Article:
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Crysis Remastered PC Performance Analysis – DSOGaming

Crysis Remastered is a game we’ve been looking forward to. Unfortunately, and as we’ve already reported, there are major issues with this remaster. For starters, its base version is the PS3/X360 and not the original 2007 PC version. Furthermore, the game still suffers from some awful CPU optimization issues, and uses the Denuvo anti-tamper tech. But anyway, it’s time now to benchmark the game and see how it performs on the PC platform.

For this PC Performance Analysis, we used an Intel i9 9900K with 16GB of DDR4 at 3600Mhz, AMD’s Radeon RX580 and RX Vega 64, NVIDIA’s RTX 2080Ti, and GTX980Ti. We also used Windows 10 64-bit, the GeForce driver 456.38 and the Radeon Software Adrenalin 2020 Edition 20.9.1 drivers. The game requires at least 4GB of VRAM, which is why we did not test our GTX690.

Crysis Remastered CPU scaling

Crytek and Saber have included a respectable amount of graphics settings to tweak. PC gamers can adjust the quality of Textures, Objects, Shadows, Physics, Water and Vegetation. There are also options for Raytracing, Volumetric Effects, Particles, Post-processing and Game effects.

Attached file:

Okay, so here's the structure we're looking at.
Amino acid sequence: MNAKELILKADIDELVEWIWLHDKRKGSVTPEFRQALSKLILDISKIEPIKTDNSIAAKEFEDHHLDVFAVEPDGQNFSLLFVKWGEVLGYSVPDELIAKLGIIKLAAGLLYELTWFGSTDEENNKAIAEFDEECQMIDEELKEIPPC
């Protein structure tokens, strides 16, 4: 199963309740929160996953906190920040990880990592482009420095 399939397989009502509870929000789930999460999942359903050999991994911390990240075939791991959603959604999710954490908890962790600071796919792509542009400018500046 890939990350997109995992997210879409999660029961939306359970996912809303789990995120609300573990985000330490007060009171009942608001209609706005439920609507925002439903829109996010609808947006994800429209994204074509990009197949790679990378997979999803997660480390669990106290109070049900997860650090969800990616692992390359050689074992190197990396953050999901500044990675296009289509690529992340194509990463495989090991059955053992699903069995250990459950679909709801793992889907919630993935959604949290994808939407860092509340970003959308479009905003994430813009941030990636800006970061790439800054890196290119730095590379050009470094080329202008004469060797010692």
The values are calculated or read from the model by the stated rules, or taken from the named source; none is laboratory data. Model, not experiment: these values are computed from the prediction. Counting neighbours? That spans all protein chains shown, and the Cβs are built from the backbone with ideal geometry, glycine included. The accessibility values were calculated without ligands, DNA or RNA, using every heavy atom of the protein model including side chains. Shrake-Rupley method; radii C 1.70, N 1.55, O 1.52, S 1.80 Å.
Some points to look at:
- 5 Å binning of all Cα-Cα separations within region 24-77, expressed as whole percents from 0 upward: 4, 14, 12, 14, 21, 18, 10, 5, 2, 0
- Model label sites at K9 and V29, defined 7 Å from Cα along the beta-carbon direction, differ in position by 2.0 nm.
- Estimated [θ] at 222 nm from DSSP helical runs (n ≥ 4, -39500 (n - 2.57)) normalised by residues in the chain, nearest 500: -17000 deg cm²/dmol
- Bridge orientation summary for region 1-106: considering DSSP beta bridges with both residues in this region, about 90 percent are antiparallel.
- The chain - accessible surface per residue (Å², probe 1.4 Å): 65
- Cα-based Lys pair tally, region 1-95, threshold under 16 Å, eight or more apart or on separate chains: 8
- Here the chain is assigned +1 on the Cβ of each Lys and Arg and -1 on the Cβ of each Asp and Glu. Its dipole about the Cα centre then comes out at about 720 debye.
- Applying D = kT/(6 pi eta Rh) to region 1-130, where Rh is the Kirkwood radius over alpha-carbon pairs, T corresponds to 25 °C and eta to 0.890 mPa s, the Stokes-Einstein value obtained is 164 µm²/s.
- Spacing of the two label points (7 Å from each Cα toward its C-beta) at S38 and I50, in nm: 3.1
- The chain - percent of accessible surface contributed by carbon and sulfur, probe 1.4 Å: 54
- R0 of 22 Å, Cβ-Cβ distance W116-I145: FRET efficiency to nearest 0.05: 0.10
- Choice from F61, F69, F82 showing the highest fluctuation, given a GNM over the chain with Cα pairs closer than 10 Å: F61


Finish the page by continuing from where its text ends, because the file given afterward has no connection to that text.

Crysis Remastered PC graphics settings-1Crysis Remastered PC graphics settings-2

As we’ve already reported, the game uses the DX11 API. Furthermore, Crytek has added a VKRay extension in order to support hardware-accelerated Ray Tracing. While Crytek and Saber have added a GPU and CPU benchmark, we were unable to run them. These benchmarks were constantly crashing to desktop each and every time we tried running them. Thus, we’ve decided to benchmark two different scenes for our CPU and GPU tests. For our GPU test, we’ve benchmarked the scene right before finding Aztec. That specific scene is among the most demanding we could find in the first two levels. For our CPU test, we’ve benchmarked the “sunrise” area (the one you first encounter the Korean soldiers).

Additionally, and given the game’s inability to properly use multi-core CPUs, we’ve used the graphics settings you can find above. These settings will stress both modern-day CPUs and GPUs, and we highly recommend using them.

Crysis Remastered can use up to four CPU cores. However, the game relies heavily on only two CPU cores (it will max out one of them, and will use at around 80% the second core). The other two CPU cores/threads are not used that much. Thus, most modern-day and future CPUs will have trouble running the game on max settings. The only way you can increase your CPU performance in Crysis Remastered is by, you guessed it, overclocking your CPU. In short, Crysis Remastered has similar CPU issues/limitations that affected its original PC version.